“Are you… listening to Dracula while you cook our dinner?”
Judgement at every turn. I tell you what.
Eric came home while the chicken breasts were browning and I had just pulled out the red, orange, and yellow mini bell peppers to chop. While I was tempted to be impressive, because my husband chops ingredients like the Iron Chef, I took it nice and slow and was feeling pretty pleased with the pretty flower like shapes that fell in three colo– OW!!!
“What did you do?? Are you cut??”
“No! Kinda of! I think it just got my thumb nail.”
“Why was your THUMB in there?”
“Because I am amongst the lucky few species who possess an opposable thumb with which to hold things?”
“No! I mean your thumb shouldn’t be near what you’re chopping. And WHY are you holding the knife like that?”
He nudged me aside and tried to show me the correct way to chop. Once again moving with the speed of a Food Network poster boy. I attempted to mimic his hand grip.
“Not like that!”
He moved around behind me and put his hands over mine. I can’t begin to tell you how helpful it was… no really, I can’t. Because all I could think about was every cheesy movie ever where a guy tries to teach a girl to hold a baseball bat, so that he can have an excuse to move in on her, so I was laughing too hard to really pay attention. But eventually the vegetables got cut, and I only sliced through one more nail in the process. No blood, no foul– amiright??
Everything went into the pot to simmer and was smelling pretty darn good if I do say so myself. Also, I learned that sometimes you WANT the little burned black bits on the bottom, because you scraped them up and they give flavor to the sauce. Clearly all those meals I burned were really just my culinary precociousness coming through!
“Don’t you want to start cooking the pasta?”
“Nah. This has to simmer for 20-30 minutes. I’ll start it in 10 so it doesn’t finish to quickly.”
In ten minutes, I put the enormous pot of water on to boil. Ten minutes later, the first timer went off. The chicken looked pretty done, but still not so much as a bubble in the pot. That’s fine, it said up to 30 minutes. Ten more minutes pass, still no bubbles. I turned off the burner under the chicken. Once it eventually boiled and the linguini was cooked, I decided that it would be a brilliant idea to do the stick to the wall test. Clearly, this requires an Italian wall. Though I must say, it stuck to the countertop where it fell quite nicely.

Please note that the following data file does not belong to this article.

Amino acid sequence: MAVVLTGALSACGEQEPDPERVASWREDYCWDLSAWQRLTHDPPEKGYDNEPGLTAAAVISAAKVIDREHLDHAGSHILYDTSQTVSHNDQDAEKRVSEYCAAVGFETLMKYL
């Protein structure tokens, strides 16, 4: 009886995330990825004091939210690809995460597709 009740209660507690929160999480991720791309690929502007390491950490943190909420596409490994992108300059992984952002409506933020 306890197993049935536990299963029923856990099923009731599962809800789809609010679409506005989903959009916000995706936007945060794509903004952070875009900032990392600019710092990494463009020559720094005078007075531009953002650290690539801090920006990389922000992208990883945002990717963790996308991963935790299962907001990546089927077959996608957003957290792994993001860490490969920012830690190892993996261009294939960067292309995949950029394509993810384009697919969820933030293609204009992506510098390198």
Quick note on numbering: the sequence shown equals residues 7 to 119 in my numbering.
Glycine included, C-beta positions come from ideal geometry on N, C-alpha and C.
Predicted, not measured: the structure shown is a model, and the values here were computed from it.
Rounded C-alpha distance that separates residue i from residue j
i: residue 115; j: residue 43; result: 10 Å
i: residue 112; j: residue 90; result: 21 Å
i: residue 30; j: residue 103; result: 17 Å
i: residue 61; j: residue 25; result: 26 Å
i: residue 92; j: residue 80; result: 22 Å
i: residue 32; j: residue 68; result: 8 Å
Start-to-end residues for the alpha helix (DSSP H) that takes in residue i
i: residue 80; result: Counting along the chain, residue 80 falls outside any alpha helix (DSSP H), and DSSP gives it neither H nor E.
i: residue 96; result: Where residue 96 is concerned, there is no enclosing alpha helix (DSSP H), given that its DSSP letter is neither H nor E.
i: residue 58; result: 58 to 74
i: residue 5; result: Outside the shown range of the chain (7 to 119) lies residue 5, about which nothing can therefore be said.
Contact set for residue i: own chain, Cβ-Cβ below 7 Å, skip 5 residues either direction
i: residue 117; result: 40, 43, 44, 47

I put everything into a dish and went to take a picture. “You do realized it’s past their bedtime?” Eric asked. “See here, my good sir. Dinner isn’t finished until it’s photographed…. There. See? All done. Oh wait. I was supposed to shred the chicken…” Insert husbandly death glare here.
Look. The point here is that I got dinner on the table… and at just a shade past 8pm. Oooops. This time everyone really enjoyed the meal (probably because by that time they were starving beasts, ravenous for any scrap I’d toss their way). I was not as impressed. I’m used to my bearded chefs amazing abilities with spices, and to me, it all tasted pretty bland. Plus, we don’t eat much pasta in our house, and I couldn’t even finish my plate, because it was so filling.
However, I’ll call this one a win, because everyone ate it without complaint, and I only lost two fingernails and no blood.
New goal: More spice, less carbs.